A clinical trial of a potential Human Immunodeficiency Virus (HIV) drug farmed from genetically modified (GM) tobacco plants has at long last got underway in the United Kingdom. The beginning of the trial follows several years of regulatory negotiations, and is being carried out by the EU-funded PHARMA-PLANTA ('Recombinant Pharmaceuticals from Plants for Human Health') consortium, an international group of 28 academic institutions and 4 small companies.
The antiviral preventative P2G12 antibody drug that has been synthesised by GM tobacco plants is being tested on a small number of women in the United Kingdom to establish whether it is safe or not. The first phase of the trial, which kicked off in June, involves testing the safety of the vaginally-applied antibody called P2G12 in 11 healthy women. The results from these tests are expected in October and could bring the science world closer to the development of affordable HIV treatments. The antibody recognises proteins on the surface of HIV to block infection, although it hasn't yet proven to be effective in humans.
It took such a long time for the UK-based Medicines and Healthcare products Regulatory Agency (MHRA) to give researchers the green light to start the tests as they needed to be 100 % sure that the drugs did not contain any allergenic plant sugars or pesticides. Plants are attractive vehicles for the expression of recombinant pharmaceutical proteins as they are inexpensive and versatile systems, amenable to rapid and economical scale-up. Although the use of GM plants and crops for foodstuffs has proved controversial in Europe, public opinion is more positive towards their use in medicines and vaccines.
The drugs used in the trial are manufactured at a special facility in Aachen, Germany, using a process that yields 5 grammes of purified antibody from 250 kg of tobacco.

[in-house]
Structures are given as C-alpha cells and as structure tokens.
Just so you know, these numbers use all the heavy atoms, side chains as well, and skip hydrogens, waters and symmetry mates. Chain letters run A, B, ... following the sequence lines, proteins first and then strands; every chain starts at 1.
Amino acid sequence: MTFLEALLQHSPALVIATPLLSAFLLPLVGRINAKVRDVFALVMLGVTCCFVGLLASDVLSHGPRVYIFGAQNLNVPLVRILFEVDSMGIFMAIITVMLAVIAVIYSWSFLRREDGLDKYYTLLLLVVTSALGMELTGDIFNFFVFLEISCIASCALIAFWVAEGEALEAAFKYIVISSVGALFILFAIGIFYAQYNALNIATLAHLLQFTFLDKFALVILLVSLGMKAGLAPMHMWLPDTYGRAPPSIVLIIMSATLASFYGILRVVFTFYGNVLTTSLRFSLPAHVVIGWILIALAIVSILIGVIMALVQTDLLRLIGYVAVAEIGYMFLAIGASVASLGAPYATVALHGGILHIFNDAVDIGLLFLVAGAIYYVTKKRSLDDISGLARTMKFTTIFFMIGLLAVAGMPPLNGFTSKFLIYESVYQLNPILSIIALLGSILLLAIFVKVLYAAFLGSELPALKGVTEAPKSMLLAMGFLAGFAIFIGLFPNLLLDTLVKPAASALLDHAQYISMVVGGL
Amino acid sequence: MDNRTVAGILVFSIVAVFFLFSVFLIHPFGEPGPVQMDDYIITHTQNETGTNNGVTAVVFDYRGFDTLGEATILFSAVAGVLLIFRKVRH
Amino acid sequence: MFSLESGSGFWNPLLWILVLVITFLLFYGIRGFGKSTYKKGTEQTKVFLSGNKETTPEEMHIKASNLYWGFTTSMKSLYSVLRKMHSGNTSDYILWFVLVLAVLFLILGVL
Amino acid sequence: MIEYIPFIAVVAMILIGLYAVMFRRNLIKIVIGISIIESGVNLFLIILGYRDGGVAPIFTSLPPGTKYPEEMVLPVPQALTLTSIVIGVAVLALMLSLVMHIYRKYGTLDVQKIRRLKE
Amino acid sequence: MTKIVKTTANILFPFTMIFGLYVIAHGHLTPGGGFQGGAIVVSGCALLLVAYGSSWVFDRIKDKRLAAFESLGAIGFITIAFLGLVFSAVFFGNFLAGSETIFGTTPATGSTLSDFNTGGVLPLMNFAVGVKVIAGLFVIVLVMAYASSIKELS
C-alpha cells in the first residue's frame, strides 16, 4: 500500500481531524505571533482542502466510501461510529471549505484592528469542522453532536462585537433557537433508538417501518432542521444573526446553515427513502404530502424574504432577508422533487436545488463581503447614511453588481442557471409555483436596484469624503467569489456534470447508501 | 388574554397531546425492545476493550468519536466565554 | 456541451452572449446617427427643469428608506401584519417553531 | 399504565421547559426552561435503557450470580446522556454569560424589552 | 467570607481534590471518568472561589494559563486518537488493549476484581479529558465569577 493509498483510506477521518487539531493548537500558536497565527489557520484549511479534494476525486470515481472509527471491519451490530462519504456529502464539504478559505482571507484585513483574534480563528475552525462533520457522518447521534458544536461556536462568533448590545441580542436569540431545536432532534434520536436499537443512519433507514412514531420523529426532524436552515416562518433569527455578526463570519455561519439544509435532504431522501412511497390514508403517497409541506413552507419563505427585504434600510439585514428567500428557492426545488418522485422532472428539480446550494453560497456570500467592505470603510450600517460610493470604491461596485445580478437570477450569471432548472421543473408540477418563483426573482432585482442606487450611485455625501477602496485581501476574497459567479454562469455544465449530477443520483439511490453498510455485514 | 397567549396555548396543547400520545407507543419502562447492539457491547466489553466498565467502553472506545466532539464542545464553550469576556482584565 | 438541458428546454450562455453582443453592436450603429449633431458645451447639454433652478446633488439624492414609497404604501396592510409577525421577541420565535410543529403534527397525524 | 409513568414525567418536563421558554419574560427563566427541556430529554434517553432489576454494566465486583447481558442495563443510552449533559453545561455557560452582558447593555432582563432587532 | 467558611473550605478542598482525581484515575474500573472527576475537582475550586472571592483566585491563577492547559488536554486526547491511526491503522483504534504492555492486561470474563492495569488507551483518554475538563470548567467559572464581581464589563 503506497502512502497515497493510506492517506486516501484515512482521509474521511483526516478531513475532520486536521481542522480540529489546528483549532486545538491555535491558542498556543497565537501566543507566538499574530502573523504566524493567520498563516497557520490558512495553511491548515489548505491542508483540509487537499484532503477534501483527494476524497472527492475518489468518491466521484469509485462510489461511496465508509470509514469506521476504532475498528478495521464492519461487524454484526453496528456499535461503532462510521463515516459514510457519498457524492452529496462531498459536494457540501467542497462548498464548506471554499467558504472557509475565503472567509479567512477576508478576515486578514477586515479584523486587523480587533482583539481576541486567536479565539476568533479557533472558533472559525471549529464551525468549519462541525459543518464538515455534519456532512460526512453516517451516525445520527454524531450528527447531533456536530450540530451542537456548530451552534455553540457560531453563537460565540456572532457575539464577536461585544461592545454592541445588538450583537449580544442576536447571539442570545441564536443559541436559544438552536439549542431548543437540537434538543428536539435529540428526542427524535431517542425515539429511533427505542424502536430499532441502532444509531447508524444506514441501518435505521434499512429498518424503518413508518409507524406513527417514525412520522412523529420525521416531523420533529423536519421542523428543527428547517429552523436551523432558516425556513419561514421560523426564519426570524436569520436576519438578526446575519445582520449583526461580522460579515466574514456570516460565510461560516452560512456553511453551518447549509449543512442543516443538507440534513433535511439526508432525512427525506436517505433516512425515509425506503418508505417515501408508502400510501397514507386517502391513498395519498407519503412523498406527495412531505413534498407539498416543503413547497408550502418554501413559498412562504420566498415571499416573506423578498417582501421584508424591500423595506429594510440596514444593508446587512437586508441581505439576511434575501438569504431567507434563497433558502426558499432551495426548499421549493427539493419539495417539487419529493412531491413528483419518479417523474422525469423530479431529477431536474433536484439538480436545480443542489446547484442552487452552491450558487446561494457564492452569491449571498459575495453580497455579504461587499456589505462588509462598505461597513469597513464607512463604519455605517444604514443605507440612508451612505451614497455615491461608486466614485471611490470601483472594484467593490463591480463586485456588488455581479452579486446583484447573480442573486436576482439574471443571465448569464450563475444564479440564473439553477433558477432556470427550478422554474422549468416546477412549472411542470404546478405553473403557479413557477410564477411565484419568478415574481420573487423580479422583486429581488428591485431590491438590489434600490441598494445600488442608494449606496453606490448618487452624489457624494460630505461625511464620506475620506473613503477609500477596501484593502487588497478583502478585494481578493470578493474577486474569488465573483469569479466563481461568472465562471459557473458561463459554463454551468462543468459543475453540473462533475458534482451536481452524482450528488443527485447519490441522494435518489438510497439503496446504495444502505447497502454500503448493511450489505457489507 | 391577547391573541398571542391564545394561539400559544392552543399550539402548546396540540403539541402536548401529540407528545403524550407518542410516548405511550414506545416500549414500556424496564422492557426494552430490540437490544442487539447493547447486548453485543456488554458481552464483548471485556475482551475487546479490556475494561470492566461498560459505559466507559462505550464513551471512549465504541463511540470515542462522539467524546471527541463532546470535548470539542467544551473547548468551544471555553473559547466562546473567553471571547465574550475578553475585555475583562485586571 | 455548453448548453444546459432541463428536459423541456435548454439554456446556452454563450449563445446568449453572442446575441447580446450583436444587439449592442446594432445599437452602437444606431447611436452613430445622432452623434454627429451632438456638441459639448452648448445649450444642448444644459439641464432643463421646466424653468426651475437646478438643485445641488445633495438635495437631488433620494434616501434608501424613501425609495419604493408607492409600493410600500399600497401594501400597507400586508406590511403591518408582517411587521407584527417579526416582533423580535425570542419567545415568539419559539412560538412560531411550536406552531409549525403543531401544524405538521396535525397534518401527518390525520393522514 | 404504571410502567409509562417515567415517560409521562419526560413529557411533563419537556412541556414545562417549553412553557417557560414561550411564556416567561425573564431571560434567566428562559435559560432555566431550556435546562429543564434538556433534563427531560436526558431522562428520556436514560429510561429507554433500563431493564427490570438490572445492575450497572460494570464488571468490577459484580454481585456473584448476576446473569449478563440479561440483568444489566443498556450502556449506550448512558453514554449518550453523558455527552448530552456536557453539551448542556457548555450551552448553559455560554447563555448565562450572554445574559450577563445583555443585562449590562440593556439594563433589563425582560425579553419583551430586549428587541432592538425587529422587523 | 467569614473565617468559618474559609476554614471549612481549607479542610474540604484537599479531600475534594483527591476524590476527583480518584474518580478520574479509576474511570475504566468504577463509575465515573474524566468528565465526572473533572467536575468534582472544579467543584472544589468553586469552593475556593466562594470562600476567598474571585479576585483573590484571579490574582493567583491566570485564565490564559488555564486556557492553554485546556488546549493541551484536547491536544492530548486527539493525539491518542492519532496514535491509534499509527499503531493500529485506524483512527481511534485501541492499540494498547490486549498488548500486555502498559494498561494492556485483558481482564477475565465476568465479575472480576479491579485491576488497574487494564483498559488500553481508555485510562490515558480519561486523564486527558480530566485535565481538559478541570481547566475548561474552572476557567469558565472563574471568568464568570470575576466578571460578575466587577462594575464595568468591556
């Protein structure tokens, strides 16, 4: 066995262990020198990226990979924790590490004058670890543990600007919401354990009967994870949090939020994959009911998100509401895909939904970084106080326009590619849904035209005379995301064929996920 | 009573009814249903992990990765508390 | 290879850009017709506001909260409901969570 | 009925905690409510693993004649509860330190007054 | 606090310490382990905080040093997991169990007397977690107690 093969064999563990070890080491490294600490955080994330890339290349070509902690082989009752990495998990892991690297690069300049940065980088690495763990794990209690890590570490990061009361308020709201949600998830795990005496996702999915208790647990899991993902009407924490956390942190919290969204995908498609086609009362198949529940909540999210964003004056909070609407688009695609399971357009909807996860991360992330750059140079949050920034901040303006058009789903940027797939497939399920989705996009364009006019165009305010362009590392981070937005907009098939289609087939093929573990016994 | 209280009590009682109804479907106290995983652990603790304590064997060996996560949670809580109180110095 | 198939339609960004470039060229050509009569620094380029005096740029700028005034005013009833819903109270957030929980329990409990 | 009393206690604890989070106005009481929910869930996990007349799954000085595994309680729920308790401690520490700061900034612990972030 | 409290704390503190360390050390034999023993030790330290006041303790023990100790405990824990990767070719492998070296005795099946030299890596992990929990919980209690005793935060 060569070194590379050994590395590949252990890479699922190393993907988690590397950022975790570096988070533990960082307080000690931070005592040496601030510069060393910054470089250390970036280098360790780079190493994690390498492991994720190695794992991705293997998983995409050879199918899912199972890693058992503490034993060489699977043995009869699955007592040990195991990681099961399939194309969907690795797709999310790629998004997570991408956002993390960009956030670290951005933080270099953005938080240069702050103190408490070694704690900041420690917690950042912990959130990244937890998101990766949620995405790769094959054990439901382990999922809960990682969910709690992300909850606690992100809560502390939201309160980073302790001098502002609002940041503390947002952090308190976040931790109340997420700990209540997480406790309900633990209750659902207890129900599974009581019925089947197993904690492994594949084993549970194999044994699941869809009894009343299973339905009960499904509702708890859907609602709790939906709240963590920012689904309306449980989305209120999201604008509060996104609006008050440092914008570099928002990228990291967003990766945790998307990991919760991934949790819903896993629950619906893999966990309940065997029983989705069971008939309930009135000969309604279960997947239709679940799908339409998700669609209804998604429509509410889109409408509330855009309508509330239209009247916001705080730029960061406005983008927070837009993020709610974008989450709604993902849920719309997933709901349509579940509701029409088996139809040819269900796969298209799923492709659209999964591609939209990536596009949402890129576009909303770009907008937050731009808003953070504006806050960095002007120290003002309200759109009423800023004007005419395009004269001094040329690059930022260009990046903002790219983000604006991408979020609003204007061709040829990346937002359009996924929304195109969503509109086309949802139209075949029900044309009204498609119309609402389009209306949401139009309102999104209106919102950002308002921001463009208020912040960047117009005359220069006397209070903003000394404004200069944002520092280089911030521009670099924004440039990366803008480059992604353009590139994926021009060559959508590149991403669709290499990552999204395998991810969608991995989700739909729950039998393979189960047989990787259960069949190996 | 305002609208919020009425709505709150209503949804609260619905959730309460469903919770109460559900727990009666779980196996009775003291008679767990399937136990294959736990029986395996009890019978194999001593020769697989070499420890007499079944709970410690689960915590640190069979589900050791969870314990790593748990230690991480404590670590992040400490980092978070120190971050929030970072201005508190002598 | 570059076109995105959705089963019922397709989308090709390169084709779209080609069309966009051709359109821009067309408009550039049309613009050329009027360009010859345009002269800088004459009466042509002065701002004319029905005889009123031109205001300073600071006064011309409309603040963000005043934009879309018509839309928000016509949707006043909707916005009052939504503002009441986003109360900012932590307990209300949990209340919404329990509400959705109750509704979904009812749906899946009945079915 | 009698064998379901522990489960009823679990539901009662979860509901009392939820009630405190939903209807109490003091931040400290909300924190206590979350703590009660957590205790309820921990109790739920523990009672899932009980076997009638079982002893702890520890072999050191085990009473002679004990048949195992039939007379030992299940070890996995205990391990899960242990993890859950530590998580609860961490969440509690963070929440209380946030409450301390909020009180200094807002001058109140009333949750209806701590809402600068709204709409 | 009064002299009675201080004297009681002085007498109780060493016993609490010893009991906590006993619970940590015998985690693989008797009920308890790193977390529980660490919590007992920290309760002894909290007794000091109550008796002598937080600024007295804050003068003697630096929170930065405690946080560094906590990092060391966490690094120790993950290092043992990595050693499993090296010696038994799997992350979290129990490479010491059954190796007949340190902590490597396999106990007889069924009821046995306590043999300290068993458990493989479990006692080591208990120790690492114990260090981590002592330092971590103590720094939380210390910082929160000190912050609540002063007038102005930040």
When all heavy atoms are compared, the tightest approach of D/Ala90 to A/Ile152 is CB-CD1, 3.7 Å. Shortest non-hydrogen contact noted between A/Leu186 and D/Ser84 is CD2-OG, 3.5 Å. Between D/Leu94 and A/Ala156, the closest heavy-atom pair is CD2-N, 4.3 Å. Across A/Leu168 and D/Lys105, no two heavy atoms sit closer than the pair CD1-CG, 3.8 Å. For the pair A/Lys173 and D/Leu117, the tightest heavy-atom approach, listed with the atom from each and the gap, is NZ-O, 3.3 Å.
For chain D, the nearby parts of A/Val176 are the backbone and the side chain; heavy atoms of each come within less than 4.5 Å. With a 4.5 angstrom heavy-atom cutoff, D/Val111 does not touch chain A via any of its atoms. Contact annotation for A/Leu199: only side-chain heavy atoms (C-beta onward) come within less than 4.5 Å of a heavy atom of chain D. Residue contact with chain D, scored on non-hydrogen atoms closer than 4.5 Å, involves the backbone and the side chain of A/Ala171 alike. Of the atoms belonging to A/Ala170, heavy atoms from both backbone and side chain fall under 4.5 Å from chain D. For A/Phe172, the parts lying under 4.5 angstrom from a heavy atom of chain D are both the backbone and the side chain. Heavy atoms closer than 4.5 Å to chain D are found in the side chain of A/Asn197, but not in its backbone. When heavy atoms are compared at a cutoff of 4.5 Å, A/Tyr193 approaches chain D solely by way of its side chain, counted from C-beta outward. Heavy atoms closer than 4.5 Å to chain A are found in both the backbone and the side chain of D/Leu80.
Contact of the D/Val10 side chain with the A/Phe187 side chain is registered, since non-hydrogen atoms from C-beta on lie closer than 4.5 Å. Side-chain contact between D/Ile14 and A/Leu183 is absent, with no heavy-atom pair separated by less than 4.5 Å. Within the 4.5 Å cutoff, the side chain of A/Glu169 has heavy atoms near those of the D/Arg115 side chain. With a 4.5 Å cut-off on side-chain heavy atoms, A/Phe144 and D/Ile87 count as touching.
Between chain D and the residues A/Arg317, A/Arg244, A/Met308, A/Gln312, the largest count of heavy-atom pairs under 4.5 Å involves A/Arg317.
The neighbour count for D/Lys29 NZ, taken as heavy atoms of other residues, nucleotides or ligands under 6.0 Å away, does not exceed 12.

The PHARMA-PLANTA project, which clinched EUR 12 million under the 'Life sciences, genomics and biotechnology for health' Thematic area of the EU's Sixth Framework Program (FP6), was launched in 2004 and has the overall objective of using GM plants to cut the costs of drugs that are hard to produce. The scientists hope that this will in turn lead to increasing the availability of modern medicines in some of the world's poorest regions.
Although the use of GM pharmaceuticals has been developed before with human insulin and hepatitis B vaccine, this large-scale project is the first time plant-derived materials used in humans have been explored in the EU.
As well as studies on tobacco plants and drug-producing plants, previous results from the PHARMA-PLANTA consortium have seen new ways to produce water efficient seeds being developed, which helps plants cope with drought resistance and contributes to global food security.
These recent developments are also the latest in a line of several other plant-produced biological drugs that are making their way into clinics. The pharmaceutical firm Bayer has just received approval from the United States Food and Drug Administration (FDA) to test the safety of tobacco-produced human antibodies that attack non-Hodgkin's lymphomas. In Canada, the company SemBioSys Genetics found in a trial of 23 volunteers that its safflower-produced version of insulin is safe and works just as well as a version of the drug that is already available on the market.
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